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This blog site includes news on latest wines, food, events, offers and happenings at artisan & vine. It also includes stories of my wine adventures in and outside the bar, wine facts and wine profiles.

Saturday, 29 May 2010

Why does artisan & vine specialise in English wine?

Hurrah! English Wine Week is upon us and, of course, as the owner of London's first wine bar and shop to specialise in English wine, every blog entry I make this week will be about English wine. Let's start at the beginning: Why English wine?

Why would an Aussie (me), reared on belting Shiraz and sun-scorched Chardonnay choose to open a wine bar and shop that would specialise in English wine?

Yes, I think English wine tastes good. I'm a wine lover, there is wine from pretty much every country that tastes good to me. Good taste gets you over a hurdle, but it doesn't warrant investing your entire life savings to open a specialist wine bar.

The beauty of English wine is that it is almost exclusively made by such small producers, with no significant budget for flavour manipulation or artificial vineyard treatments, that the wine cannot help but reflect the Sense of Place of where it's from. Most English wine is extremely distinctly English, which in a modern age of mass-production and global knowledge sharing, is no small feat.

I’ve travelled a lot and lived in a few different countries. One of my favourite ways of coming to know a country or region is through indulging in the wines of that region. It’s that same old speech from me: Sense of Place, Sense of Place! There is no question in my mind that English wines are underexposed in their own, let alone in the global, market. At the same time as local food production in England is enjoying a celebrity chef inspired renaissance, English wines sit on the shelves of local community markets or the homes of wine maker’s relatives; it’s a fascinating contrast.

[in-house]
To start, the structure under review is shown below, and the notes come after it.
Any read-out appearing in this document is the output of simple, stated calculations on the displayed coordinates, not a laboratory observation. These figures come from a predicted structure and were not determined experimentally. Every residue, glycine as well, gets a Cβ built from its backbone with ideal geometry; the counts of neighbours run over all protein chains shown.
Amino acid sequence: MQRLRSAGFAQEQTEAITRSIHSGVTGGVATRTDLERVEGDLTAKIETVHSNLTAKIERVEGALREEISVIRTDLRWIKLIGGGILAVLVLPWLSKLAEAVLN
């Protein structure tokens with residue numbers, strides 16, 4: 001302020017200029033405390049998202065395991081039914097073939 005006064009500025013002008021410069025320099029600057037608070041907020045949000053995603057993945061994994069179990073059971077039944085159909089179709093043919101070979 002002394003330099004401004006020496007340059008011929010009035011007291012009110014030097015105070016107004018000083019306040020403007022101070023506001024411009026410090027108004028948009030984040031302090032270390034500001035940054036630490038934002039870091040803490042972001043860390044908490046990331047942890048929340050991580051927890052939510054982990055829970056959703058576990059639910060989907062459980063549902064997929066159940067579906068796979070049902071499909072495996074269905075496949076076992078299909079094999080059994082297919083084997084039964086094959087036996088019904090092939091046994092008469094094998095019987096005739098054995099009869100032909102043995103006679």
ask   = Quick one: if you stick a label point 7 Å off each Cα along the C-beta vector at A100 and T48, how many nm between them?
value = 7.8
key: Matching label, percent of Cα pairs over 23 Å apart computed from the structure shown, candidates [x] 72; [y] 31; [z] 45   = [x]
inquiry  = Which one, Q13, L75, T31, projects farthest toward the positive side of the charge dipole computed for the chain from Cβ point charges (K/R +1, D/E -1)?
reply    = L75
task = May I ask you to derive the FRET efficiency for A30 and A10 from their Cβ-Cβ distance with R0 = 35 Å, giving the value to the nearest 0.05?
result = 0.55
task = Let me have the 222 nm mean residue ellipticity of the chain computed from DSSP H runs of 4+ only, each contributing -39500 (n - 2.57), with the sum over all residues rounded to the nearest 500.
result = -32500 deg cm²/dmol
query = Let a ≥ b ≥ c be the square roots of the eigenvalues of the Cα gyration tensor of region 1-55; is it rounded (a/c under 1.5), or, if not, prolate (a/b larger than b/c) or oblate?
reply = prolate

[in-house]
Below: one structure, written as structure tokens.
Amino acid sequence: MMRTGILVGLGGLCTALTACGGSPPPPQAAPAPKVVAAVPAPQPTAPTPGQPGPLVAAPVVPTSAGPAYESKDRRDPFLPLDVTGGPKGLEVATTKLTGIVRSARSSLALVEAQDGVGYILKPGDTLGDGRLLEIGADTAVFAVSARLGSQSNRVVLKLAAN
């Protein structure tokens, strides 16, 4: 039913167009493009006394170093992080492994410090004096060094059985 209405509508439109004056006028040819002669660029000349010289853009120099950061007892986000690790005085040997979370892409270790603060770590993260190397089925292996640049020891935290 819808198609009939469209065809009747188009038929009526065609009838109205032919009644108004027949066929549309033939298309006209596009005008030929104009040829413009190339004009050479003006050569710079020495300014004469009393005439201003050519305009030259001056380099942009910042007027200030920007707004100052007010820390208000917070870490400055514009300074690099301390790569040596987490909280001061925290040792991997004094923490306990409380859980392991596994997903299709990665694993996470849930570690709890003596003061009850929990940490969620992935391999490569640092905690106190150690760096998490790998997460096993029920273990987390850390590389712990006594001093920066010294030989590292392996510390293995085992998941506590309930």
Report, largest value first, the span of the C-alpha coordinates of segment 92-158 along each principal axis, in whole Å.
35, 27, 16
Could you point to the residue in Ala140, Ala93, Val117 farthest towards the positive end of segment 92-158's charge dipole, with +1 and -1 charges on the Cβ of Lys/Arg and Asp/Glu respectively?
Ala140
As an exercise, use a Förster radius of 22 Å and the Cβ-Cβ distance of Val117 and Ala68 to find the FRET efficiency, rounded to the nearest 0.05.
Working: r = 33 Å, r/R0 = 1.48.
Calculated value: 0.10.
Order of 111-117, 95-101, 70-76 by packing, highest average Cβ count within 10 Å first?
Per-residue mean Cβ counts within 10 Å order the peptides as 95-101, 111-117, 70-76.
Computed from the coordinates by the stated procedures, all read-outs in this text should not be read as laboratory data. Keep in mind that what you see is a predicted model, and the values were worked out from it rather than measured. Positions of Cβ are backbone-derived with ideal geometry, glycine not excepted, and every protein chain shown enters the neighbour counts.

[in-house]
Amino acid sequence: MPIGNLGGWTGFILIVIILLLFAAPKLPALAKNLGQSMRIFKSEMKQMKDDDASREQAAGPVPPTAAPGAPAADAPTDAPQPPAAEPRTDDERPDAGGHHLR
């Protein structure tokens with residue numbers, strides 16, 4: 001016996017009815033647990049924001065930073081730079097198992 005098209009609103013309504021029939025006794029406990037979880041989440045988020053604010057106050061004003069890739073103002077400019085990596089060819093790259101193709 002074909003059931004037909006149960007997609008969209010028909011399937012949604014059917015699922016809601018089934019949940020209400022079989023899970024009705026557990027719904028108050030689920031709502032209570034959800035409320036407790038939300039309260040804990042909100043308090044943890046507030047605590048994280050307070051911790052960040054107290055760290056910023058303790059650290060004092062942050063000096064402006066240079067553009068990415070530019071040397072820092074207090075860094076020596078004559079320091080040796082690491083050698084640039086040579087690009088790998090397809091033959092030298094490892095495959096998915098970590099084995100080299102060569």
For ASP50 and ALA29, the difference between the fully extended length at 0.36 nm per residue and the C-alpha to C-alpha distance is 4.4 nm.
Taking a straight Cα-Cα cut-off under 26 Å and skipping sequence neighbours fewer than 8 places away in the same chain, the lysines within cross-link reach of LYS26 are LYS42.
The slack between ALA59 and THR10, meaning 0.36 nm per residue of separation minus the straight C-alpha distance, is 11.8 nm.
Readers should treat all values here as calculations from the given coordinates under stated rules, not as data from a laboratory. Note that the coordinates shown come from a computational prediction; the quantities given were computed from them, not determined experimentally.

In order to bring the English wine experience into artisan & vine, I insisted on only working with winemakers who would deal with me directly – no distributors or wholesalers. I visited a wide range of English vineyards and tasted over 300 English wines to come to the 25 or so we have on our list at any one time. The wines are generally fresh, low alcohol and easy drinking – and they’re getting better with every vintage! English wine making may be in something of an infancy - I view this as an exciting thing.

After nearly two years of serving English wines to our customers I am proud to report a very positive response. The feedback we get often is that people are happy simply to be given the option to have a taste of home. The Bacchus from our friends Bob and Carol of Brightwell Vineyard in Oxfordshire remains one of our best selling wines in the bar while three of the five best selling wines (at time of writing) on the artisan & vine online shop are English (Nyetimber Classic Cuvee, Camel Valley Bacchus Dry and Biddenden Ortega). It’s clear that the demand is there. So how is supply? Well... I have to save something to blog about tomorrow...

Image: artisan & vine's vineyard day trip to the quaint Bolney Wine Estate in East Sussex in June 2009.

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